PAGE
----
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Discussion Starter · #1 ·
This has to be one of the most frustrating things to watch a dog do. Run out after a bumper, put on a good/decent search and then do the dreaded stop, stand, and look back for direction.

After saying that, I take full blame for this action. I tried going at retriever training before I had a full understanding of it. My mistake was trying to start blinds before I had her doing marks without fail. Now she looks back at me for the directions I was giving her. My question is how to correct this behaviour. Right now I just stand there and we do a little stare down routine. If she continues, I tell her no and to "find it". If she still continues, I go to her and this usually gets her moving again. Any help would be great. Thanks.
 

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When i got my first dvd on dog taining the trainer mentioned what you are talking about. Not to make your dog so dependent on you that he doesn't use his own instincts. He didn't really say how to fix it, he just said "beware". And that it was ok for your dog to hunt a spot on a retreive, as long as the spot was in the area of the mark. My dog is probably too far the other way. He hunts on his own a little too much.
 

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Don't worry not all is lost, just go back a couple steps and go over things four times after you think it's been long enough, go back to short singles and doubles so she don't turn around, scold her when she does, but your also going to want to do a little bit of wistle stops to, and praise her, do them seperetly! very important, just keep going over these two things and make them seperate, it will take a little time, but eventually she will learn not to stop untill she's told to, make that a point, hopefully you have a collar???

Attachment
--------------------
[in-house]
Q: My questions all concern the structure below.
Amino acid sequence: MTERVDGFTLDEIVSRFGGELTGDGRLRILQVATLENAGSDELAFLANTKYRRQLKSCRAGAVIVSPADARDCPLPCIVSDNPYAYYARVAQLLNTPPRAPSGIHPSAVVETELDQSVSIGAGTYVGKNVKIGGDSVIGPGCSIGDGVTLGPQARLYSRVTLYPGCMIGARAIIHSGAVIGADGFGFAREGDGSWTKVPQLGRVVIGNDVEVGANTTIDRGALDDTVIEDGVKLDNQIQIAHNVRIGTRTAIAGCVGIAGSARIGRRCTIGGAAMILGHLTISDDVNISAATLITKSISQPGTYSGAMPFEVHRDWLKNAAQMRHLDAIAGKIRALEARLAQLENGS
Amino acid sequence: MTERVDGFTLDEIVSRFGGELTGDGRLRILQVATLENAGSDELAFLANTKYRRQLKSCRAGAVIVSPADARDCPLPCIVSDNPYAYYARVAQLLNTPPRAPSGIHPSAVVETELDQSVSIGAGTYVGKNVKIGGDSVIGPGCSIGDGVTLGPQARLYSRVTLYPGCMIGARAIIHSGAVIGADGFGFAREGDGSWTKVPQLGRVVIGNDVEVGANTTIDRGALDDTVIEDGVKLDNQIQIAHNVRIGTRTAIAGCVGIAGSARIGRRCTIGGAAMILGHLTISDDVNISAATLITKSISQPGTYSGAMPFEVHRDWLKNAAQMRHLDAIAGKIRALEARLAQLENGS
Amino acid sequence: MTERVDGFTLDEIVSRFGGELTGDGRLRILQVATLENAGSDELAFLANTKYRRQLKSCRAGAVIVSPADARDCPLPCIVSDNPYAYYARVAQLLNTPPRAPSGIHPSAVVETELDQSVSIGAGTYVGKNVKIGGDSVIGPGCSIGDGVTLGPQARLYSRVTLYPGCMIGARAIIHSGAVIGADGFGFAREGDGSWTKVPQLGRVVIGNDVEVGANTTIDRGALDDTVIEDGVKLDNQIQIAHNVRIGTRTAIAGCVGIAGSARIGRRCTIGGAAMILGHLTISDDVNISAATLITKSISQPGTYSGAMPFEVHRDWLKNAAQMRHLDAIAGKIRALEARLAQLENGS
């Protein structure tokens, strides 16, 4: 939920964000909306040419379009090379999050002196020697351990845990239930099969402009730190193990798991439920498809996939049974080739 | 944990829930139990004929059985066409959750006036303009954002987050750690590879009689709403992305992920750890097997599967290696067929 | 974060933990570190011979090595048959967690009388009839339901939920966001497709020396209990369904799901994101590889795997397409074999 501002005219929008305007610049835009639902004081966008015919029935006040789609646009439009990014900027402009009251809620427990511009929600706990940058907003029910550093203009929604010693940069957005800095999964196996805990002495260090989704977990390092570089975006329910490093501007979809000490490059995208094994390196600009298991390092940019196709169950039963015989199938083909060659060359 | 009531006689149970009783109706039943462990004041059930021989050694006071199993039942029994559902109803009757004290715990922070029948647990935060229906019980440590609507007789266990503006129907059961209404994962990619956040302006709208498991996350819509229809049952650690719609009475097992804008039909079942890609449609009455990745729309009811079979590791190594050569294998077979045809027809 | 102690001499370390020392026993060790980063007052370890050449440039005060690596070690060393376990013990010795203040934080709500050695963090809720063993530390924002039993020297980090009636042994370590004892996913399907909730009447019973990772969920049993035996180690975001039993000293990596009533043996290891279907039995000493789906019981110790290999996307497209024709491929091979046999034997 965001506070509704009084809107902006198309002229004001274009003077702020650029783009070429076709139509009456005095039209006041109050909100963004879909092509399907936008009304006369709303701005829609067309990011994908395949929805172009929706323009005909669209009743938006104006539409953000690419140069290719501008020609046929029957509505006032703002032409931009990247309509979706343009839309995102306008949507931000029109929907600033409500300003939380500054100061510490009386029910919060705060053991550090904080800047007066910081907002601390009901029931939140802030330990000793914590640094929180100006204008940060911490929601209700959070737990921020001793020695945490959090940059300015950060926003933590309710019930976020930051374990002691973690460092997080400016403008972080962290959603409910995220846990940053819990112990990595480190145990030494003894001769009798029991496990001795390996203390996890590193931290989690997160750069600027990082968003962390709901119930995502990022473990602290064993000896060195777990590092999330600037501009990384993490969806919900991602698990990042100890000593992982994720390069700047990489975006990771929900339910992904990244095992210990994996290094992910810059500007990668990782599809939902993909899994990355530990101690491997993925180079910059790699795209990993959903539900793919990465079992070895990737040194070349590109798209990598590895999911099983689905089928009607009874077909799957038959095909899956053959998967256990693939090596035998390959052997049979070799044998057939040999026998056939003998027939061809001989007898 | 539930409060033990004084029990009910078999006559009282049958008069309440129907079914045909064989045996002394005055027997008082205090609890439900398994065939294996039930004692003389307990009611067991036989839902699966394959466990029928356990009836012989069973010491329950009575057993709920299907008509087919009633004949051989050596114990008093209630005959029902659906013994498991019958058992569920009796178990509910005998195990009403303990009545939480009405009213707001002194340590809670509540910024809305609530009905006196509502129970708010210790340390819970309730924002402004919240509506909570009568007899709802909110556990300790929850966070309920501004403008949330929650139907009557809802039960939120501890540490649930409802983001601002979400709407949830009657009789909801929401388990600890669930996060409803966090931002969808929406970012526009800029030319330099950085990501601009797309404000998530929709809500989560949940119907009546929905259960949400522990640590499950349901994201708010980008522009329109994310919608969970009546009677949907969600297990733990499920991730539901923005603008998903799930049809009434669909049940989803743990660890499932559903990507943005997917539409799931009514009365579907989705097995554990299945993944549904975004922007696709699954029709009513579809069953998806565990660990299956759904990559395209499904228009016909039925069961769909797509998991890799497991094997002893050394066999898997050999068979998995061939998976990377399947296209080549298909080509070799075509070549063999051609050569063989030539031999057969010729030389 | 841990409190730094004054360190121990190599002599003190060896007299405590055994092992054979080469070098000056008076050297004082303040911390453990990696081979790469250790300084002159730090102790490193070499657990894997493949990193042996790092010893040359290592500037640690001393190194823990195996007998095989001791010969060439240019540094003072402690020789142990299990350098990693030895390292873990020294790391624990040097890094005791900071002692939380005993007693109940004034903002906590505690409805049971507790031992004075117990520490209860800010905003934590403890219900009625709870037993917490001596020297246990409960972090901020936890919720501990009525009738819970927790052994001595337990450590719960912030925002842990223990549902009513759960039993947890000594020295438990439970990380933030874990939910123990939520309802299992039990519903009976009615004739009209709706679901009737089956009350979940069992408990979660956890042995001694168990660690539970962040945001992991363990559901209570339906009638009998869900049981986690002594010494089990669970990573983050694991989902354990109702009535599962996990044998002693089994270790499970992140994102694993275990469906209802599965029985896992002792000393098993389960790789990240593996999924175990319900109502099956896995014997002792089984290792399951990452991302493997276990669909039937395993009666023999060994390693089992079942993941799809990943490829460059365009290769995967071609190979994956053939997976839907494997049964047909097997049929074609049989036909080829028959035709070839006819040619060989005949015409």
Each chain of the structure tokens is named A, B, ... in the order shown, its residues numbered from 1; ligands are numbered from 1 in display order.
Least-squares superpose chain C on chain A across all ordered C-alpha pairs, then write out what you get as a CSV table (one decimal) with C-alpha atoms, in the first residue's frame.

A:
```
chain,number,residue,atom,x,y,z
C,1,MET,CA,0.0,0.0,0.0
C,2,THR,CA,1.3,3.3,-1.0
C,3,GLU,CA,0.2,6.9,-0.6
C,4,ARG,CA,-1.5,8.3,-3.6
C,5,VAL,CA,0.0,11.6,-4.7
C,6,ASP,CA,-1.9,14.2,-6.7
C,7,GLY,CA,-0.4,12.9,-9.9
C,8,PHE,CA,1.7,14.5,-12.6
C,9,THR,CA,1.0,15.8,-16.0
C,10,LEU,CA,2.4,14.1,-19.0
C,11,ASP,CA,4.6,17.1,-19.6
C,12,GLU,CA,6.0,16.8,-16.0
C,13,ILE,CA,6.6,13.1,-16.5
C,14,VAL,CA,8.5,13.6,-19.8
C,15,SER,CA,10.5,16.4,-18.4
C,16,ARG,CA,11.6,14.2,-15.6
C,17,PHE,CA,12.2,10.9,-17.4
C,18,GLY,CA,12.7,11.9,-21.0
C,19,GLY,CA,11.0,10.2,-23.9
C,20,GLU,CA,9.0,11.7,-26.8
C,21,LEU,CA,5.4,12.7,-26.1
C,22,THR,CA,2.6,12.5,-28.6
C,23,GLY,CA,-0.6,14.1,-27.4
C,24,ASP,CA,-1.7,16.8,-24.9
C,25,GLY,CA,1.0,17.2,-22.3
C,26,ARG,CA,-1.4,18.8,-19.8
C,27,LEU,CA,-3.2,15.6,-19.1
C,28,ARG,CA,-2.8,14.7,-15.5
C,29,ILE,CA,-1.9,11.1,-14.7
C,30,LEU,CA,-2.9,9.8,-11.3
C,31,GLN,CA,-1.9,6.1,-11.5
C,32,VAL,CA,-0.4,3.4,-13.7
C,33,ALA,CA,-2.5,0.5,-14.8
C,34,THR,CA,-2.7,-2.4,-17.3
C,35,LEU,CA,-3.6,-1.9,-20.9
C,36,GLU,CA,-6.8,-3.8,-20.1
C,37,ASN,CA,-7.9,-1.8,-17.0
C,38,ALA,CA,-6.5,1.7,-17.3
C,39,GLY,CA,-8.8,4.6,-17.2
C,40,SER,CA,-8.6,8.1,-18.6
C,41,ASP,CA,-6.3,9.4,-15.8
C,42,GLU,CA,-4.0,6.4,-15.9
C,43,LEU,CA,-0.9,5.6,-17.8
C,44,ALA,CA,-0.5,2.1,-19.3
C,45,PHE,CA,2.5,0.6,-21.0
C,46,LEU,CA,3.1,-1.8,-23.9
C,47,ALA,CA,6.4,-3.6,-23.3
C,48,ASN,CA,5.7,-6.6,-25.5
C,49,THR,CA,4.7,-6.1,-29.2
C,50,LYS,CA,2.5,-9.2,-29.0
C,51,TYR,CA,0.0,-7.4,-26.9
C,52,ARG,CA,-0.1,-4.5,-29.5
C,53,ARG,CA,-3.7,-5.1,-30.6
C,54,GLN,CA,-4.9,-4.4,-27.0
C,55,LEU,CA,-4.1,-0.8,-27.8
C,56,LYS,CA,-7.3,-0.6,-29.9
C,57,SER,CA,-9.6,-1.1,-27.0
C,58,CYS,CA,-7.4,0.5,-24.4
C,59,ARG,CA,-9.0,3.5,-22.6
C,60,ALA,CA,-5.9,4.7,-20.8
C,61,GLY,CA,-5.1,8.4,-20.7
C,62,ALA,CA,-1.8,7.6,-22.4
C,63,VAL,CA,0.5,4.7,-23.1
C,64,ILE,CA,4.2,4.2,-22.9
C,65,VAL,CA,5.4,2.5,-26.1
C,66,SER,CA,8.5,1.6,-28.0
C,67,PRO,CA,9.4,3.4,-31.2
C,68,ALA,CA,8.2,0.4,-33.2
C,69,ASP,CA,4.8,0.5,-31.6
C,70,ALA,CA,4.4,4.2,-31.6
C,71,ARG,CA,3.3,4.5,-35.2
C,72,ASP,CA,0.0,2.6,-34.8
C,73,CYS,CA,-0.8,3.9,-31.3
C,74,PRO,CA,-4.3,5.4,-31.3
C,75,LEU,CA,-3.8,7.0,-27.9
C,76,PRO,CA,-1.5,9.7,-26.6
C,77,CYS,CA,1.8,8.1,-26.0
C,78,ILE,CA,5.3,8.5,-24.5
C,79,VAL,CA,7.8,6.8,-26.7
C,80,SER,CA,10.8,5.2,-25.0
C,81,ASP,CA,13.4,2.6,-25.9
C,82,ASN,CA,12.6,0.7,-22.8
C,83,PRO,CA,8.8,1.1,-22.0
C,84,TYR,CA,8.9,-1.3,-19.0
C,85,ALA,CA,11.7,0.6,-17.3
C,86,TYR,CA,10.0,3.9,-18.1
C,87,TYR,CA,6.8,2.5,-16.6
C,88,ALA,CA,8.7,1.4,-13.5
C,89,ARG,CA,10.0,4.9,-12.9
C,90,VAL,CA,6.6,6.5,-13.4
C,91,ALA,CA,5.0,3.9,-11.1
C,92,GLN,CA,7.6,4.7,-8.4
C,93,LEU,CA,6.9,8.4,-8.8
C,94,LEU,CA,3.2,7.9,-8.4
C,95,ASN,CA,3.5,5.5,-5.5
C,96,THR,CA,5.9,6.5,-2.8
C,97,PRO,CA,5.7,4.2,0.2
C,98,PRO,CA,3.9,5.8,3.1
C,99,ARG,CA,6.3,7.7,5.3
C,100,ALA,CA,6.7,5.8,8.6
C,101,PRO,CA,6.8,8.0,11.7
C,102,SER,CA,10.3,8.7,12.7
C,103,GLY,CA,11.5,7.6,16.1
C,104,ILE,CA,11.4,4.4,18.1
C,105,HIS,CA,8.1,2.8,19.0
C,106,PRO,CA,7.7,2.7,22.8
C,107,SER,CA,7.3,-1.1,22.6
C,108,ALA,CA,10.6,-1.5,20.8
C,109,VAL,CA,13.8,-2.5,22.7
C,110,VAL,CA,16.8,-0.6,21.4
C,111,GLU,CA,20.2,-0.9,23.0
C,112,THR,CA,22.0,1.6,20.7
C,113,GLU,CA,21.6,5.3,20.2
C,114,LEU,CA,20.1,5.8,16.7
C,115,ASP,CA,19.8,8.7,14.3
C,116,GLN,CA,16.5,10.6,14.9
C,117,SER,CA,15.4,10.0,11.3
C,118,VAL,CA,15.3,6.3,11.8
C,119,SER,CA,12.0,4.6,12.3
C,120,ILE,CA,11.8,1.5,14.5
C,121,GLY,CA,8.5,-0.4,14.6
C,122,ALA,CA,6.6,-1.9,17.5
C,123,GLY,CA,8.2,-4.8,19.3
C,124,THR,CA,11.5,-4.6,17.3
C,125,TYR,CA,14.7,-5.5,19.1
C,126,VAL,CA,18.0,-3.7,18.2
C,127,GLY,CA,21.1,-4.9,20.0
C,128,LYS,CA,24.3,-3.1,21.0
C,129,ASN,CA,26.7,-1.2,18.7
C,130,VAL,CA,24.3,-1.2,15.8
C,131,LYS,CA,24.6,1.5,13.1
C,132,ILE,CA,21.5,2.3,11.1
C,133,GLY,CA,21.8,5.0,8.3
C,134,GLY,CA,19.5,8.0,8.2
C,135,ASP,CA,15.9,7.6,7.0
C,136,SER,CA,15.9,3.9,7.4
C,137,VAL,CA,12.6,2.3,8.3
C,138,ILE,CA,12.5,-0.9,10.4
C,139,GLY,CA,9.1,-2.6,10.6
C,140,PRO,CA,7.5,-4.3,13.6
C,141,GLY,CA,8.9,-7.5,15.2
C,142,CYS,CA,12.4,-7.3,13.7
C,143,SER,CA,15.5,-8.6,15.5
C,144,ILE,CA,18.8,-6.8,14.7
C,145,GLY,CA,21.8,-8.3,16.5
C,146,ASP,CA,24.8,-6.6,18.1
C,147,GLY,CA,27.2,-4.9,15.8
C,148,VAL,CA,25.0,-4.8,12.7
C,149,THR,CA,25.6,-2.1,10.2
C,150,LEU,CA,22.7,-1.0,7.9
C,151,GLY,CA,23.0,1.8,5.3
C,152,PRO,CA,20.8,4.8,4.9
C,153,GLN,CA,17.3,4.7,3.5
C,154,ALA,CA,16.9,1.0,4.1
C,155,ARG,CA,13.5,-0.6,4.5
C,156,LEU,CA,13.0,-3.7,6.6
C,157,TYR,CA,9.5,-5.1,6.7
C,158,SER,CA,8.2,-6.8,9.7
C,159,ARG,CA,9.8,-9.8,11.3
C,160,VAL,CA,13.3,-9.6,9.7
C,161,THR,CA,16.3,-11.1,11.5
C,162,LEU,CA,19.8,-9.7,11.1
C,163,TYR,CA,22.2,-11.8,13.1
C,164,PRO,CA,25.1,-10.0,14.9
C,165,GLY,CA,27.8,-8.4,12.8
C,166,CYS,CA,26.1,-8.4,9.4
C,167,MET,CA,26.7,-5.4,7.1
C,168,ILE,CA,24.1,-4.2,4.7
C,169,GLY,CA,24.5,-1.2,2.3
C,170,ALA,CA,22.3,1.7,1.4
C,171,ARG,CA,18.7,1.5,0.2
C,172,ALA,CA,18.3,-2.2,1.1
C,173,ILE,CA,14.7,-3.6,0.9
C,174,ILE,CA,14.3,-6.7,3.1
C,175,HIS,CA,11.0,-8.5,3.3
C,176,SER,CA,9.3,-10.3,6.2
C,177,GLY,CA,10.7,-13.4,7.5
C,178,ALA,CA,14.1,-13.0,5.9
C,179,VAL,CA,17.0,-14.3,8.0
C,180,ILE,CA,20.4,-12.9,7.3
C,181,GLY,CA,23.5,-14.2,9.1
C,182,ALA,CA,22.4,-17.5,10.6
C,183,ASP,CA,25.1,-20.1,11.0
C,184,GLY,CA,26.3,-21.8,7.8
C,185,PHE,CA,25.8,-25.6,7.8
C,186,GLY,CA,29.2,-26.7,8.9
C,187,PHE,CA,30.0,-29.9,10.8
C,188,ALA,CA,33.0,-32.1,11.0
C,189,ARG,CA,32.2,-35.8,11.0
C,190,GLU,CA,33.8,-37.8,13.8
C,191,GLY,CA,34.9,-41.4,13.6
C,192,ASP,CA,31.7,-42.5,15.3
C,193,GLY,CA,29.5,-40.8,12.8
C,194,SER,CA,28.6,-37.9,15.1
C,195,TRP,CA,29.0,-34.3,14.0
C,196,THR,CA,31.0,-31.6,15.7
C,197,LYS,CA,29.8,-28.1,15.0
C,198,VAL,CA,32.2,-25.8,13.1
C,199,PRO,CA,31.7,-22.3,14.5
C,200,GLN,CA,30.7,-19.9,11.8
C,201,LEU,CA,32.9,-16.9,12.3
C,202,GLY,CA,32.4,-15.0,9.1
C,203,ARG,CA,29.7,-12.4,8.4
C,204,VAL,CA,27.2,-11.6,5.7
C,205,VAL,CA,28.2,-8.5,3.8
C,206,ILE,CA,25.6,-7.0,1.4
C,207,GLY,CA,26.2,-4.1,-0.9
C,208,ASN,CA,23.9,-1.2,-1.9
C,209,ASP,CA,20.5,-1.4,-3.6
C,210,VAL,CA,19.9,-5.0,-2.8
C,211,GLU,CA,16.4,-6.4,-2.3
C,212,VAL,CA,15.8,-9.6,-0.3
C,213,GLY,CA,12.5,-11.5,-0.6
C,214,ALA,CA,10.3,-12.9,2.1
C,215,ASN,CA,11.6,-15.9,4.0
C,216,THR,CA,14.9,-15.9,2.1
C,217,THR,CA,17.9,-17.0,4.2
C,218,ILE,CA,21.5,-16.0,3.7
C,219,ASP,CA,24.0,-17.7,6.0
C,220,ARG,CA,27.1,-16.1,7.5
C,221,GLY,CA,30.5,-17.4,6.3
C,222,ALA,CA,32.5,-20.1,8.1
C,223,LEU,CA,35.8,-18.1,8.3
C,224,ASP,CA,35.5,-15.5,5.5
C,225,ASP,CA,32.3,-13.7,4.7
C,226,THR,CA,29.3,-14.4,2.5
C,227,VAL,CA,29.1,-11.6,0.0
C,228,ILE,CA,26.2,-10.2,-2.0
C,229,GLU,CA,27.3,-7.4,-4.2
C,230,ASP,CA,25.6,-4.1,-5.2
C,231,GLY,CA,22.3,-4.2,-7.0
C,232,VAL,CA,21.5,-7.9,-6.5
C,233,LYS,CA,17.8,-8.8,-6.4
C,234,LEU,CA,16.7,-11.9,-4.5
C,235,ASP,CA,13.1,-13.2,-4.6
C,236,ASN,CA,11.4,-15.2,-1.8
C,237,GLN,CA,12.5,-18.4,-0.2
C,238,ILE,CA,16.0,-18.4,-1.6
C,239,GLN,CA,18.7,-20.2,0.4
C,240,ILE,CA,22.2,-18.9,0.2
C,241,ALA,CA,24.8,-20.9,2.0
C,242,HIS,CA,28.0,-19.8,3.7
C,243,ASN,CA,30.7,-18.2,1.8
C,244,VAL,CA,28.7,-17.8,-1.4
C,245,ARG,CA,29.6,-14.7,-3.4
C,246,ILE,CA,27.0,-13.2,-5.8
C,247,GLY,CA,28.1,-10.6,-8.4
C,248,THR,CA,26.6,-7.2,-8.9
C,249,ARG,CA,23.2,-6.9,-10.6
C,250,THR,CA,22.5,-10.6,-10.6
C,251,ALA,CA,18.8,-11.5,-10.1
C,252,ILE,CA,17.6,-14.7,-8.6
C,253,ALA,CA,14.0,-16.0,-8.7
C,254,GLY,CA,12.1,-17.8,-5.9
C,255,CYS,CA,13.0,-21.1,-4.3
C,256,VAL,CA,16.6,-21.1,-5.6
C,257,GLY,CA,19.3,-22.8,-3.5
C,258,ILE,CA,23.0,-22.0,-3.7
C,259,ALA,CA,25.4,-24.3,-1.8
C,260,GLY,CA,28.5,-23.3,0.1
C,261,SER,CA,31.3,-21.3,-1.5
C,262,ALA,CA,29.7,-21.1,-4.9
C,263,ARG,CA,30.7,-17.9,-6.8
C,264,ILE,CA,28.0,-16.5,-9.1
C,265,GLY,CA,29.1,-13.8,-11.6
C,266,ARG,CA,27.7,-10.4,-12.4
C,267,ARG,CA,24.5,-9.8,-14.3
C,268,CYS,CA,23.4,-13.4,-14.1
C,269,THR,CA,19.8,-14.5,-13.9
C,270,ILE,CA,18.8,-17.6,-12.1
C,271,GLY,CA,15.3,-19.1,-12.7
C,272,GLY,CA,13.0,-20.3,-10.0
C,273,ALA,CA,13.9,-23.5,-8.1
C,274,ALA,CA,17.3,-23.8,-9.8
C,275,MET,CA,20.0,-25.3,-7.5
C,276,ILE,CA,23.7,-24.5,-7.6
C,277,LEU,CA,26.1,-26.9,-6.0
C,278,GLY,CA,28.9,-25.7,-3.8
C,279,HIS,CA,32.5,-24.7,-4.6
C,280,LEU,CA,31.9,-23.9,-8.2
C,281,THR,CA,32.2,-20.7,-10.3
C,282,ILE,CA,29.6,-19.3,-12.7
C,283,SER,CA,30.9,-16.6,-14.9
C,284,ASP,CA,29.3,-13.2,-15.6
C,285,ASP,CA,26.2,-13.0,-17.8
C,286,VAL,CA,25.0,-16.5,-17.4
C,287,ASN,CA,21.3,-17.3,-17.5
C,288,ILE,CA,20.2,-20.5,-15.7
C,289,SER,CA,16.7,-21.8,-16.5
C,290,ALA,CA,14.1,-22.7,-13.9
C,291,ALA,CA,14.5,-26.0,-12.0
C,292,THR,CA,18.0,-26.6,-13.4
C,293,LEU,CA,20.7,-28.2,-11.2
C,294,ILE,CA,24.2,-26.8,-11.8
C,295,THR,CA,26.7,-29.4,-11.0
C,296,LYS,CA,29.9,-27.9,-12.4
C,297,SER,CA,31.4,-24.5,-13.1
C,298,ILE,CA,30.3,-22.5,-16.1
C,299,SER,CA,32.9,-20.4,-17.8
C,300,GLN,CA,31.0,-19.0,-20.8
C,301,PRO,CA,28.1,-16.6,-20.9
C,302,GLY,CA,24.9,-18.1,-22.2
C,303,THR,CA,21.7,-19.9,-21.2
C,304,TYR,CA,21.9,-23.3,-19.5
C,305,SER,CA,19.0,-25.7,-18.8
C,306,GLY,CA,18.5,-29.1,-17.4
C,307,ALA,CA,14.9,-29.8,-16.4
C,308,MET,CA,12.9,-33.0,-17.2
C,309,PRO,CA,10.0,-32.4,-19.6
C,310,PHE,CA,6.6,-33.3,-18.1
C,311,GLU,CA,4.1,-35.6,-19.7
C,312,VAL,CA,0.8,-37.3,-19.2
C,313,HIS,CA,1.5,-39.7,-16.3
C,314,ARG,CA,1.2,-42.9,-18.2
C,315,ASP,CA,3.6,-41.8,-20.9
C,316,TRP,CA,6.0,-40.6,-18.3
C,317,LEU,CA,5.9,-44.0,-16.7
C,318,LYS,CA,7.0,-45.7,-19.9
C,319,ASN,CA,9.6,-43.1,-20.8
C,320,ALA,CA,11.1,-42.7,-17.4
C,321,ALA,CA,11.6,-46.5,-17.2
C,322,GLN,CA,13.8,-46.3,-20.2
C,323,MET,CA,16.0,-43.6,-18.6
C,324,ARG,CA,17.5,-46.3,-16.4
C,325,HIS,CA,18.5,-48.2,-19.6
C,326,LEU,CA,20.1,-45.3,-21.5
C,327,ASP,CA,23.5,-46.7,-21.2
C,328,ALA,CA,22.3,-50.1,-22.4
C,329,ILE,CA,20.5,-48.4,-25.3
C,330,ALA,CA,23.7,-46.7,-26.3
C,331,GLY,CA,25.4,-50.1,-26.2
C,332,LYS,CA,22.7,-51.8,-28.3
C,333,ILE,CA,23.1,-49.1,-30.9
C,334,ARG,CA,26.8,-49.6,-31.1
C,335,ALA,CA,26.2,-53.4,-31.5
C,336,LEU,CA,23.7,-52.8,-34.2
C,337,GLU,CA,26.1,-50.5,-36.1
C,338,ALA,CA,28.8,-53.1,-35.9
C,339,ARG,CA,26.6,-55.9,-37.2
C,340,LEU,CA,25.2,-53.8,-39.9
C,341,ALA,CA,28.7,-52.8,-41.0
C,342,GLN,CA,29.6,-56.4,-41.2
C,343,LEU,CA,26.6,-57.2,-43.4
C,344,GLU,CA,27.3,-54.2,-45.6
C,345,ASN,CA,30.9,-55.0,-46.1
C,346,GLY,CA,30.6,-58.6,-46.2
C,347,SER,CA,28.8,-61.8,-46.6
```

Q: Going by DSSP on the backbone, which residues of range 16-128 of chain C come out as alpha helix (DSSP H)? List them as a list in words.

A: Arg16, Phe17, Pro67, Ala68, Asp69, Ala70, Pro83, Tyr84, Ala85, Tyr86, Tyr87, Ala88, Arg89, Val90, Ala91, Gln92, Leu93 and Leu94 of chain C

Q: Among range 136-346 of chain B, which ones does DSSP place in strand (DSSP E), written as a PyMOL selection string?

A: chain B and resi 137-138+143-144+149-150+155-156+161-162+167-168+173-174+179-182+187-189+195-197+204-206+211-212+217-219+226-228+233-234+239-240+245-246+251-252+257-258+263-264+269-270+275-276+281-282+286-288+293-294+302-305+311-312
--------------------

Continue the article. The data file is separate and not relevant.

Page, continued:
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Discussion Starter · #4 ·
Yes I do have a collar. I figured I could use this as correction, but just wanted to know how to implement the correction.

A guy on another forum told me that I could be over training. This does sound like a possibility. He said it sounds like the dog could be getting bored, and with over training, I guess that could be a possibility. With my work schedule, I have the opportunity to train just about every day. I usually give my dogs about one or two days a week off, so maybe I'll lay low on the retrieving for a little while or maybe do less of it each training session.
 

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gsp,

i don't think your training too much i think your getting giving too much direction to the dog when you do train. (like ACE said.) i also agree with phillipstd, go back a few steps and work the mark angle quite a bit. you'll wanna start this in a relatively clear area so the dog can see your bumper and get a good visual mark. make sure the dog is marking the bumper when it goes down by enlisting someone's aid in throwing them (or get a remote launcher). this will give the dog a different look than just you throwing. i use the Mark command before each bumper is thrown just to let my dog know when to pay attention in the field. after a couple of weeks of that, then move to an area where the marks are a little tougher (any cover - tall grass, brush, woods, etc.). throughout this process, do not help the dog find the bumper. just ignore him altogether until he starts the return with it. if he can't locate it, heel him and make him start over. the biggest thing is don't let him look to you for guidance for a while. imo, the only time you should handle a dog during the retrieving process is on a blind. if the dog got even a half-way decent mark, make him find it. hth!
 
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